"Absolutely not true," counters Beverly Cook, DOE's assistant secretary for environment, safety and health, when asked if the department's proposal violates the will of Congress. "It is not our opinion that we are contradicting the intent of the law. We are implementing it."
The DOE proposal would replace government safety standards at nuclear facilities with individual safety and health programs written by the contractors who operate the various facilities. DOE would then inspect and enforce these safety plans, but it would not have authority to enforce OSHA standards and other safety rules not included in the contractor's submitted plan.
Cook says OSHA standards are not always appropriate or protective enough. The new proposal allows DOE to enforce safety standards appropriate to each worksite and workers will be better protected than they are presently because the department can fine violators.
While OSHA general industry and construction safety standards apply to the DOE sites, the department currently lacks authority to enforce the rules. To remedy this problem, Bunning and Kennedy sponsored legislation directing DOE to promulgate health and safety standards for DOE facilities operated by contractors, and granted the department authority to assess fines against violators.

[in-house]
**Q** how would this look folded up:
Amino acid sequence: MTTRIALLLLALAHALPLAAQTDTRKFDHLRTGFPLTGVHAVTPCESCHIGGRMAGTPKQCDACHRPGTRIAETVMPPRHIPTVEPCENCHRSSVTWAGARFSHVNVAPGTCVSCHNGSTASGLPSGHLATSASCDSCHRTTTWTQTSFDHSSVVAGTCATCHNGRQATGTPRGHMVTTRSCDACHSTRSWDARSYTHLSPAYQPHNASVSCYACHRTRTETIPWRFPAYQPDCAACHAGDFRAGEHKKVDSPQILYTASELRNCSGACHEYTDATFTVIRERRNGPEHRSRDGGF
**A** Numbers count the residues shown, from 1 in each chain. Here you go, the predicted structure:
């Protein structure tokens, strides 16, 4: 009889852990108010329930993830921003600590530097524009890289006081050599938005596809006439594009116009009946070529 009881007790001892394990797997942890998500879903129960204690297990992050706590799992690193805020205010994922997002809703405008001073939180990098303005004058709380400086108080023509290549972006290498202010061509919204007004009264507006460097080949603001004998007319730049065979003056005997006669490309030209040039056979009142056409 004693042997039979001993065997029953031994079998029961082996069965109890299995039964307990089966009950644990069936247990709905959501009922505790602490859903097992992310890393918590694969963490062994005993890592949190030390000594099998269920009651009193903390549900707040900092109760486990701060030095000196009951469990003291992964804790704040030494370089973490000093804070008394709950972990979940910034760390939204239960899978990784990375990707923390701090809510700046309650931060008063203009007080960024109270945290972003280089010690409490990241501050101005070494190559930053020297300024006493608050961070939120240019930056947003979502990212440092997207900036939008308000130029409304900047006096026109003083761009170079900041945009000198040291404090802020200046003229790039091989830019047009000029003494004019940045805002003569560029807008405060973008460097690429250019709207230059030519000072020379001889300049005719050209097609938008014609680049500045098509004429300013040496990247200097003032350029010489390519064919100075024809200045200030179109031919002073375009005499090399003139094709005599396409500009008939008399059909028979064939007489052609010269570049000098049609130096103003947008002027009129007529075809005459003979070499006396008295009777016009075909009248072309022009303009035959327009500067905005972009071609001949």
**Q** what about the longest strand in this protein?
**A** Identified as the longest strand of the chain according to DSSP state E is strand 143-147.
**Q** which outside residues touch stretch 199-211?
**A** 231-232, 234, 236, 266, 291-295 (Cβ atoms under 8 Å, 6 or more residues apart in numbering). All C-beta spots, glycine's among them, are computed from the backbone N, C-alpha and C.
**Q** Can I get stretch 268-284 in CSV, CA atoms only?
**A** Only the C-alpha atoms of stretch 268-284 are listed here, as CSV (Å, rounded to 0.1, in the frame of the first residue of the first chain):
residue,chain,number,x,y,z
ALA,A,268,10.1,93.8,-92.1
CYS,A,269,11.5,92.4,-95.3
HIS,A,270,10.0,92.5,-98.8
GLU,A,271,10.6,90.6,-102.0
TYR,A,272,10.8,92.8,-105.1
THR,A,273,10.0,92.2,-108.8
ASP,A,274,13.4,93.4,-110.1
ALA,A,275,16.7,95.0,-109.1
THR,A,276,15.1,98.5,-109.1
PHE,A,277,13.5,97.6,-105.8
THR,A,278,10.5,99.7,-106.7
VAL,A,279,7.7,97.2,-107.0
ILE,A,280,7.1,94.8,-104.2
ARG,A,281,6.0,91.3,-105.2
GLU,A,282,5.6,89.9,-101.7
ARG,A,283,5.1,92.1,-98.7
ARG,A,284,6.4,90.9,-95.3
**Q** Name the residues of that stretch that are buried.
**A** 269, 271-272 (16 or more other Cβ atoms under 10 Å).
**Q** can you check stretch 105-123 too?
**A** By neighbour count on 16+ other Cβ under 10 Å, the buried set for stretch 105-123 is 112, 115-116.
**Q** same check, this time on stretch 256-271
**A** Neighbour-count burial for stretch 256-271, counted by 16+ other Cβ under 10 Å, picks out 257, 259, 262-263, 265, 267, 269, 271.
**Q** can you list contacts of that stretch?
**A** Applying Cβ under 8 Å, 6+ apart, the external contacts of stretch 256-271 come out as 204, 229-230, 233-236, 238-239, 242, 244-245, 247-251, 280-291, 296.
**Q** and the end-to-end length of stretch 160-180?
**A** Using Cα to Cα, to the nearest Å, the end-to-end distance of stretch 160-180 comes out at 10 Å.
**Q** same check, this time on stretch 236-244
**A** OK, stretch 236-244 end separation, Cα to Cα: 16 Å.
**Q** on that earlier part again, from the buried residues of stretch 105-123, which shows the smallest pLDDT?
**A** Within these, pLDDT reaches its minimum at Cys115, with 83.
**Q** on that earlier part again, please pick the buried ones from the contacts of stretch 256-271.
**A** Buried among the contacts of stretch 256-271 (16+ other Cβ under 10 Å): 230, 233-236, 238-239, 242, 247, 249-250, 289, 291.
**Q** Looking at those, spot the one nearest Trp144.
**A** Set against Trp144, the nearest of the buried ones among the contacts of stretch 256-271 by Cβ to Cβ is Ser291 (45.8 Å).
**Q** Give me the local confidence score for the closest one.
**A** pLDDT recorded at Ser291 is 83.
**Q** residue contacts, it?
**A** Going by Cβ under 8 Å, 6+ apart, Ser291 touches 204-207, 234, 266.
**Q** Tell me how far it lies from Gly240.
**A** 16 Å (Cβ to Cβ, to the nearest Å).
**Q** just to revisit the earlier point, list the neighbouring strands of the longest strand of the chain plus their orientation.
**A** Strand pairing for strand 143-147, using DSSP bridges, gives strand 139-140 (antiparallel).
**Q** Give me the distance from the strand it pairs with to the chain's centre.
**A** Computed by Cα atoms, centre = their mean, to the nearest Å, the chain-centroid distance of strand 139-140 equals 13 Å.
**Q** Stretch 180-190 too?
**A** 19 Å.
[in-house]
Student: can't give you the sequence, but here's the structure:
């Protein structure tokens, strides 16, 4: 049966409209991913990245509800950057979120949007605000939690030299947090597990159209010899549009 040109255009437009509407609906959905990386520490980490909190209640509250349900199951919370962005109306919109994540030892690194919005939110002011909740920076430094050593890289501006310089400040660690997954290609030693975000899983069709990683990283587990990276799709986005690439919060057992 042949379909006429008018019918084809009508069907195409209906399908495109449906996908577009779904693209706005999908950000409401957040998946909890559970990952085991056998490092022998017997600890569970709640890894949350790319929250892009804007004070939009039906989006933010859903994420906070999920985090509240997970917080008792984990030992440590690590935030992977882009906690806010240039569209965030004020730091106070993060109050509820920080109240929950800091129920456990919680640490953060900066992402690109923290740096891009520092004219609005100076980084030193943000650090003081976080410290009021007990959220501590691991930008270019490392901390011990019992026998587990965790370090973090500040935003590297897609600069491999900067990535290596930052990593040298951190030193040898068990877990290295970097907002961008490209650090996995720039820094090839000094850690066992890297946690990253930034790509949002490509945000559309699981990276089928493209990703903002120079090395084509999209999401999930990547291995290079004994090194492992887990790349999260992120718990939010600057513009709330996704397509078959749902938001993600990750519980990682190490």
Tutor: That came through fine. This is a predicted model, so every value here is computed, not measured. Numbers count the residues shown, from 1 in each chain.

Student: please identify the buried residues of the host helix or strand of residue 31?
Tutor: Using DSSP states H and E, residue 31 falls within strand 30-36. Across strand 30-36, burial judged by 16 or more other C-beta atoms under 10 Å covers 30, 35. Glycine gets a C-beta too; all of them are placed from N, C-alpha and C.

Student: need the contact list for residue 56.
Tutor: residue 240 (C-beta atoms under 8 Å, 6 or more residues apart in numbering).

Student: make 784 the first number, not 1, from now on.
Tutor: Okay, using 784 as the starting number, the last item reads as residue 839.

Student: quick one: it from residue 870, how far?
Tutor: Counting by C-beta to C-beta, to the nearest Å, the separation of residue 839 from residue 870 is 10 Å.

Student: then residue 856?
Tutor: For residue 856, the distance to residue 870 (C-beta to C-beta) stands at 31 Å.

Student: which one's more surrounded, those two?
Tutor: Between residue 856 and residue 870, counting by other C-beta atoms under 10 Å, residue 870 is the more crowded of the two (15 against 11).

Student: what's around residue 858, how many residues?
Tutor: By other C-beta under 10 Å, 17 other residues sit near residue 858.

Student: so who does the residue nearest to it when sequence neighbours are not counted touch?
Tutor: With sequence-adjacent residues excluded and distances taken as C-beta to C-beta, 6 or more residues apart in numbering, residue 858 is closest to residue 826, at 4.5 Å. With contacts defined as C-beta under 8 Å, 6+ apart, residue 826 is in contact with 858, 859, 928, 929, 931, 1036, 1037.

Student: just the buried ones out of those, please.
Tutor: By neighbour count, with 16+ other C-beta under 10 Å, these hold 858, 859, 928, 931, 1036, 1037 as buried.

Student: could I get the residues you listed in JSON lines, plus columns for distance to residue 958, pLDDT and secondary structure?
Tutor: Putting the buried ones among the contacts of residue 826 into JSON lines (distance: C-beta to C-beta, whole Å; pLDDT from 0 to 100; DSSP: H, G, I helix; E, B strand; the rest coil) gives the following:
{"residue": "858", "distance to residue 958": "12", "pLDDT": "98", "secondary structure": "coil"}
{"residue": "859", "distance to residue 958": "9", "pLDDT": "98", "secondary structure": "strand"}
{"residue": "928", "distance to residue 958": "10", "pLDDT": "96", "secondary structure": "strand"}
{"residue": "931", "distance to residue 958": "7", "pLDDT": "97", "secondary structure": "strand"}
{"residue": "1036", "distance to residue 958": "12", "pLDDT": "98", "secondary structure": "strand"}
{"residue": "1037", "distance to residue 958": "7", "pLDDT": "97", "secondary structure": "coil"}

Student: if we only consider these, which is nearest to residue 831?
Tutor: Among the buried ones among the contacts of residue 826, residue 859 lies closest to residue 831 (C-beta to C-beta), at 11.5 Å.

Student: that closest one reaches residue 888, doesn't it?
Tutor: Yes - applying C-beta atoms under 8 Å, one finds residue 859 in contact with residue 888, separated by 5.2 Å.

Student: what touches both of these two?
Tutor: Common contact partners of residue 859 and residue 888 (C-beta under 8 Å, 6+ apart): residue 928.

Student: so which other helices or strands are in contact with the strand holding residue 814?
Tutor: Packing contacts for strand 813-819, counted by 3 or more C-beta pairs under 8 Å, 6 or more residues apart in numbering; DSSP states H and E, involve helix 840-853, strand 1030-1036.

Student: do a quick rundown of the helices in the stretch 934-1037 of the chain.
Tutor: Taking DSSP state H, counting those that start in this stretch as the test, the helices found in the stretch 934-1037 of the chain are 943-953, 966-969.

The law also granted DOE flexibility to take account of hazards peculiar to individual worksite. In their Feb. 6 letter to DOE Secretary Spencer Abraham, the senators argue DOE "has expanded the concept of flexibility to such a great extent that it undermines the purpose of the statute." The senators have asked DOE to withdraw and revise the proposal to reflect the law's intent.
"DOE's agenda is very disturbing and simply at odds with the uniform minimum safety standards which apply under OSHA to every DOE contractor that is simultaneously operating in the private sector," said Richard Miller, senior policy analyst at the Government Accountability Project. "What makes these contractors so special when they come to DOE?"
The American Industrial Hygiene Association (AIHA) believes that with changes, the proposed rule has the potential to improve the health and safety of DOE workers. Among the changes to the proposed rule suggested by AIHA are the addition of an explicit statement that conformance to applicable OSHA standards and case law interpretations should be a minimum requirement.
Cook said DOE is currently reviewing public comments to its proposal. A final rule will be issued will be issued "several months down the road," she said.